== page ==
Hardship does not have to be extreme, and by definition, it is quite the opposite. Think of hardship as a sustainable inconvenience. That is why, after a decade of setting myself up for failure with overambitious workout plans, this year I finally made the conscious choice not to workout for the sake of working out. Instead, I opt to practice at least 15 minutes of yoga every evening and walk at least 10,000 steps throughout the day. If I feel like anything more, fine, but there’s no pressure. If I don’t quite make it to the goal, I don’t stress. It’s a process. The goal isn’t six-pack abs or running a 5-minute mile. It’s overall health. With that in mind, at the end of the week, I will have stretched and de-stressed for nearly 2 hours and walked well over 20 miles. Compounded over a lifetime, not only is this sustainable and easy on the body, but it’s fun (I like yoga and walking) and effective. Going to the gym for an hour a day? For me, that’s unsustainable torture. Maybe it is for you, too?

Taking the stairs, parking farther from the door, and walking during your lunch break are all examples of hardship. But what about diet? Opting to go meat-free even one day or one meal per week can be a step in the right direction. It is well-documented that eating more vegetables and less meat is good for our health. For me, I try to eat one green thing at every meal. Compounded over a week, that’s at least 21 servings of greens. Another example is to switch out one sugary beverage per day/week/etc for water. Keep it simple. That’s the whole idea. This is very similar to the “baby step” mentality of habit change, except that you don’t ever have to take more than or reach for more than baby steps.

Beyond diet and exercise, what interests me right now is the idea of shaping my home life around the idea of hardship. In Okinawa, the Blue Zone of Japan, it is not uncommon for people to forego furniture. Sitting in cushions surrounding a low table on the floor means you have to get up and down a lot more, using your joints, core, and leg muscles more than you would if you sat in a chair at a typical table. The inconvenience is minor, but imagine the benefits if practiced over the course of a lifetime! Centenarians in Okinawa are spry and mobile, not arthritic and stiff.

The same logic applies to couches, beds, and other furniture. The closer you get to the ground, the more hardship you introduce into your daily tasks and the less “laying around” you’re prone to do.

I love the idea of designing our homes and spaces around our values, hobbies, and priorities. In the past, I have always designed my homes around social norms. For example, living rooms are for couches. Dining rooms are for tables and chairs. Bedrooms are for beds and nightstands. But the truth is that our space is our space, and we can use it however we like. I am not sure why it’s taken me so long to fully grasp this. There is nobody telling me I have to have a couch or a bed frame or a high table. Nobody.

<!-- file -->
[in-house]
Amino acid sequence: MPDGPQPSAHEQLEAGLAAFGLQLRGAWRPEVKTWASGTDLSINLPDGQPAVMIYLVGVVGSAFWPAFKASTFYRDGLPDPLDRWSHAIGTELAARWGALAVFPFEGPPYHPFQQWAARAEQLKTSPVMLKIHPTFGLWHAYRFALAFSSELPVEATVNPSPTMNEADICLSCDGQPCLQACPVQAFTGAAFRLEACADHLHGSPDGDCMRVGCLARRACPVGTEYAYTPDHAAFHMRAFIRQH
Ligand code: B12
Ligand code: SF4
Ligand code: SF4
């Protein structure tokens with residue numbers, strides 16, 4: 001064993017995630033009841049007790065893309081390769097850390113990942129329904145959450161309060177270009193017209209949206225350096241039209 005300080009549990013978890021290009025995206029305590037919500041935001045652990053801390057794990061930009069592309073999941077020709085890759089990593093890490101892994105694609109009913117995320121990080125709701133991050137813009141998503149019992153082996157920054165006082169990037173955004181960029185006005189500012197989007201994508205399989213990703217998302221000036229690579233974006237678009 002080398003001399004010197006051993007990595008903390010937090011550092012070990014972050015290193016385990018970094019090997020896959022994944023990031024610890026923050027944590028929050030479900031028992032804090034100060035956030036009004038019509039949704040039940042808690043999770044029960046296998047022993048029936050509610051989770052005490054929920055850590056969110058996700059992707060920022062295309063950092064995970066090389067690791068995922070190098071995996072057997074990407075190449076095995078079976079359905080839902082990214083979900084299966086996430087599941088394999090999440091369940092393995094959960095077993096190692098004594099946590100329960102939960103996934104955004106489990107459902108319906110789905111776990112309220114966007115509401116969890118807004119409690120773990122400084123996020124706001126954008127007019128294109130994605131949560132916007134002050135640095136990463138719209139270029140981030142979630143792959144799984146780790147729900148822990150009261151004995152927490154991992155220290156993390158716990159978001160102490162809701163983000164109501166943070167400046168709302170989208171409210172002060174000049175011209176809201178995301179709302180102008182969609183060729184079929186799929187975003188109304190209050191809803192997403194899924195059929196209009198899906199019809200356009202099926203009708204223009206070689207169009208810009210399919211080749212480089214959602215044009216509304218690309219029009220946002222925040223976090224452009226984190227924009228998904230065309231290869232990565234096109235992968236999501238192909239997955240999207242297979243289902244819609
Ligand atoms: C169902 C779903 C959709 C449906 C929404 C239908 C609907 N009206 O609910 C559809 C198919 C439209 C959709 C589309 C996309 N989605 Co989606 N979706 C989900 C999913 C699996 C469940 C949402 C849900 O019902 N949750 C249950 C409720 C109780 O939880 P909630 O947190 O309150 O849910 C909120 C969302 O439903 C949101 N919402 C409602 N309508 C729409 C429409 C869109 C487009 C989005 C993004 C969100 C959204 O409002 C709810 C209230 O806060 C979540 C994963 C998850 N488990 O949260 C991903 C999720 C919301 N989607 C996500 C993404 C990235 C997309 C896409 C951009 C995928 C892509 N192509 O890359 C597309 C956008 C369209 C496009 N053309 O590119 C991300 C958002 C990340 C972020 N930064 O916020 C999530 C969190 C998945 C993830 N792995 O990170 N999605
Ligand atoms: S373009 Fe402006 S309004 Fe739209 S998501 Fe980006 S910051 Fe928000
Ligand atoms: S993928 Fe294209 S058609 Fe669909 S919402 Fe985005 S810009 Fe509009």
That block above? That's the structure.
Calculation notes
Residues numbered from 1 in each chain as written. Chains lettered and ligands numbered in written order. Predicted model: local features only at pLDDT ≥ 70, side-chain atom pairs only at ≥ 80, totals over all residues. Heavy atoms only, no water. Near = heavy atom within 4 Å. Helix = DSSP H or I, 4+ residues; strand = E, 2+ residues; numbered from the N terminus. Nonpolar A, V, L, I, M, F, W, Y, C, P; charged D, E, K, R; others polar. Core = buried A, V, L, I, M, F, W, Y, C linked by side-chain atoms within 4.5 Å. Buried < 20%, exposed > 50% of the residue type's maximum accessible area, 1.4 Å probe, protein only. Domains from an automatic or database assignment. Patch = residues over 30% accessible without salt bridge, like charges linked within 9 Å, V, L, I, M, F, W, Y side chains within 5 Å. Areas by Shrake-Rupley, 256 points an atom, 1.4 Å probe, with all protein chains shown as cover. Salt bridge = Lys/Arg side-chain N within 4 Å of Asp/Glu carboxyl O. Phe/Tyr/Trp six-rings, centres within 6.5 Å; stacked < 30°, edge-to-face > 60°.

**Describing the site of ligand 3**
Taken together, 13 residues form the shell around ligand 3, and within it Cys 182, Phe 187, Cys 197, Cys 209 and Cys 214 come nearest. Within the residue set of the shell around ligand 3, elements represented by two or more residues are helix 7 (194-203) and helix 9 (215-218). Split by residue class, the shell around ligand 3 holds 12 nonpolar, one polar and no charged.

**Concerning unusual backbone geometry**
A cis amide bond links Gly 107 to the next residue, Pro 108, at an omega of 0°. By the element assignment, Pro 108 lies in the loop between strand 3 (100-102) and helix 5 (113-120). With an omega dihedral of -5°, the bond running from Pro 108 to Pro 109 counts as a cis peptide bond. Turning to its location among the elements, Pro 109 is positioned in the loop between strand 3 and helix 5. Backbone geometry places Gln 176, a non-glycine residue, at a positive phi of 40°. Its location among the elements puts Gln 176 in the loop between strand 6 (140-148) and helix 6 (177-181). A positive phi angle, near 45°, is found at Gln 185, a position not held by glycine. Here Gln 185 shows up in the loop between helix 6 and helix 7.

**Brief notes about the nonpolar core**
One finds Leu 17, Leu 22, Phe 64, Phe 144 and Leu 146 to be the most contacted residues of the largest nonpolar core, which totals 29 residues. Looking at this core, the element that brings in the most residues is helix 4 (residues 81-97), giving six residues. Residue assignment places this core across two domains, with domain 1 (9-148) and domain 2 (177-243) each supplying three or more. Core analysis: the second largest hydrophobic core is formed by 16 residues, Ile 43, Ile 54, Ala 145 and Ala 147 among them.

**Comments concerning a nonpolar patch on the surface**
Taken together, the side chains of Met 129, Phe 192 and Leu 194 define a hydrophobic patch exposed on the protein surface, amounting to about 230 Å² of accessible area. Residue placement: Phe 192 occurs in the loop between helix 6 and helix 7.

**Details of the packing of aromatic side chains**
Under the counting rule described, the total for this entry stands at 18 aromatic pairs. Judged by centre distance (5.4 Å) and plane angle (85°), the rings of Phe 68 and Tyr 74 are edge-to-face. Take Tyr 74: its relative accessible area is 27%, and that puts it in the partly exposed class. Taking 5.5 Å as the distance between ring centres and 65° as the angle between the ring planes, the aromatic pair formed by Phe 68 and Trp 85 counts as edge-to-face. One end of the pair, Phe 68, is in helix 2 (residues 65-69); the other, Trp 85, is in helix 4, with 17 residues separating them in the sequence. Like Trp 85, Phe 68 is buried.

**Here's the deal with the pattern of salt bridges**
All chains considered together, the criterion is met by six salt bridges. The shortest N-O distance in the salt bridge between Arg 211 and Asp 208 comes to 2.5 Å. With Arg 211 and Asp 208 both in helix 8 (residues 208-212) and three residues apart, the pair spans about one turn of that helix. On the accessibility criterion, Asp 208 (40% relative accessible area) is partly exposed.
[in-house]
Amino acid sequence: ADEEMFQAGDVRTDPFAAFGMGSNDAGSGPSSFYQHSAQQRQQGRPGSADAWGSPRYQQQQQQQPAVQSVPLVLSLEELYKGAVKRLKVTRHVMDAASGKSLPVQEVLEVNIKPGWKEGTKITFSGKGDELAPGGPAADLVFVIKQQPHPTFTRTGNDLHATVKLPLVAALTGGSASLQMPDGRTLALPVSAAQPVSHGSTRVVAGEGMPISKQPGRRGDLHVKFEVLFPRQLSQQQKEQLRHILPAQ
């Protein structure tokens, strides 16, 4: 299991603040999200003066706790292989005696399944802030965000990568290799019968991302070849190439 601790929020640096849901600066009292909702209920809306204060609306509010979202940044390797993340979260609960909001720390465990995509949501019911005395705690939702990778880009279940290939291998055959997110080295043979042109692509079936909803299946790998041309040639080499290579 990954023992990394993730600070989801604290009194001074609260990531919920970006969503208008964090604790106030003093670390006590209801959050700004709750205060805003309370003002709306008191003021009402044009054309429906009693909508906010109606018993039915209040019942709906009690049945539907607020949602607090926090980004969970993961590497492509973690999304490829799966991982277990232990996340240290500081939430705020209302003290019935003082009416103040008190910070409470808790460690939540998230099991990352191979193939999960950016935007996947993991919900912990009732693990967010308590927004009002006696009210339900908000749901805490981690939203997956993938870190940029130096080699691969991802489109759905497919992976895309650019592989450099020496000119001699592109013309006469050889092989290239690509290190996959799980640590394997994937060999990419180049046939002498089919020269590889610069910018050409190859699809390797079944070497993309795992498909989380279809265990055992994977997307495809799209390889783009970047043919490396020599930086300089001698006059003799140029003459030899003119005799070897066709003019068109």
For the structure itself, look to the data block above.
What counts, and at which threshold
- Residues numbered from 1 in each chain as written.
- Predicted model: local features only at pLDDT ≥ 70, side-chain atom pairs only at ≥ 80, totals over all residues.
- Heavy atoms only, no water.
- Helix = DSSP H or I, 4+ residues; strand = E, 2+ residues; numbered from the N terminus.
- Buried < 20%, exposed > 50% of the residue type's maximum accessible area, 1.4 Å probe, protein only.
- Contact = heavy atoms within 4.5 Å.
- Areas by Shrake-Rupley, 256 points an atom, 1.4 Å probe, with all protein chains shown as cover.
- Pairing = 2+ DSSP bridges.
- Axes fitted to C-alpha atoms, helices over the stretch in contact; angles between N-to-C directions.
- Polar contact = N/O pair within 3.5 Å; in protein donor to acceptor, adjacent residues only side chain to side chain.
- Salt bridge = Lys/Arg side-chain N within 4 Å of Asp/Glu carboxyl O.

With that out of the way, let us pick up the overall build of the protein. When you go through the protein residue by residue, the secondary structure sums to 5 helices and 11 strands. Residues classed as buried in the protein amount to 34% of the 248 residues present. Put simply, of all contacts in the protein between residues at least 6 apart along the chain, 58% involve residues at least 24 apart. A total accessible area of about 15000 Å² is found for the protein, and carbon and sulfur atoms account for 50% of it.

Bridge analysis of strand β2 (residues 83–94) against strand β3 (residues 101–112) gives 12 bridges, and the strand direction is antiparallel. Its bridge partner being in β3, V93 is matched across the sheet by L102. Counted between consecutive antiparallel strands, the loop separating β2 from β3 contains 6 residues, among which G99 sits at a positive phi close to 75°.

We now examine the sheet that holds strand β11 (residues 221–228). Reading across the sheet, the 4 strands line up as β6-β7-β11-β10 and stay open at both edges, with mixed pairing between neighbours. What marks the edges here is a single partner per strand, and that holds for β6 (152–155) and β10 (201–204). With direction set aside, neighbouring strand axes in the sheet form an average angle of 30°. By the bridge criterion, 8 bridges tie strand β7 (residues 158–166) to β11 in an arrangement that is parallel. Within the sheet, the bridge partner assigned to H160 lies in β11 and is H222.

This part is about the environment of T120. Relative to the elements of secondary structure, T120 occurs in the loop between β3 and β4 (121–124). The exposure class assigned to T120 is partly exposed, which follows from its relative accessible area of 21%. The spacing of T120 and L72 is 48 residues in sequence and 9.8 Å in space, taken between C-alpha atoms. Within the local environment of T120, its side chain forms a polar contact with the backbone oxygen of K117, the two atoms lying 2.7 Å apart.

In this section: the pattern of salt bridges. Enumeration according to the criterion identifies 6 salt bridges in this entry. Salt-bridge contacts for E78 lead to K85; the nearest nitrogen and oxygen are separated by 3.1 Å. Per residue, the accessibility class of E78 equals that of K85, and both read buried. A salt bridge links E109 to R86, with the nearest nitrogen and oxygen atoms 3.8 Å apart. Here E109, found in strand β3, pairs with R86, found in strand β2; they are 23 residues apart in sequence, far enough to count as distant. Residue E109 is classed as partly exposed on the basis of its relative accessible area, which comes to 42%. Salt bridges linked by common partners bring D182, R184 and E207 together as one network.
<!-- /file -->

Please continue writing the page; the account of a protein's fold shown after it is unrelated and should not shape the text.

So in the name of hardship, we’re getting rid of it all and going furniture free. This might sound kind of extreme, but it feels liberating. Granted, I have not yet sold all the furniture and experienced it first hand (that’ll be for another blog post), but the idea is solidified in my mind.

Instead of a couch, our living room will have the perfect space for my yoga mat and props. Instead of a coffee table and end tables, we’ll have cushions and a low game/eating table. Instead of using the dining space for a table and chairs, we can have a reading nook and mini office. As of right now, the only standard furniture we’ll have left is the bed and mattress. But let’s see how this little No Furniture Experiment goes. I’m still at GEICO training for another 5 weeks, so I may or may not come home to an empty apartment with plenty of space to stretch out, live long and prosper.

A suspicious feast

My husband was a US Navy submariner for 6 years. He says that the submariners eat the best out of anyone in the Navy. It’s the only thing good about their life. They eat well for mental health.

We arrived at Auto Damage Basic yesterday. We stay at the National Conference Center (NCC) in Leesburg, VA, and train somewhere a few miles away. Our rooms are spartan shoeboxes with single-pane windows dressed in curtains from a foregone era, but the food here is spectacular. So is the organic argon shampoo.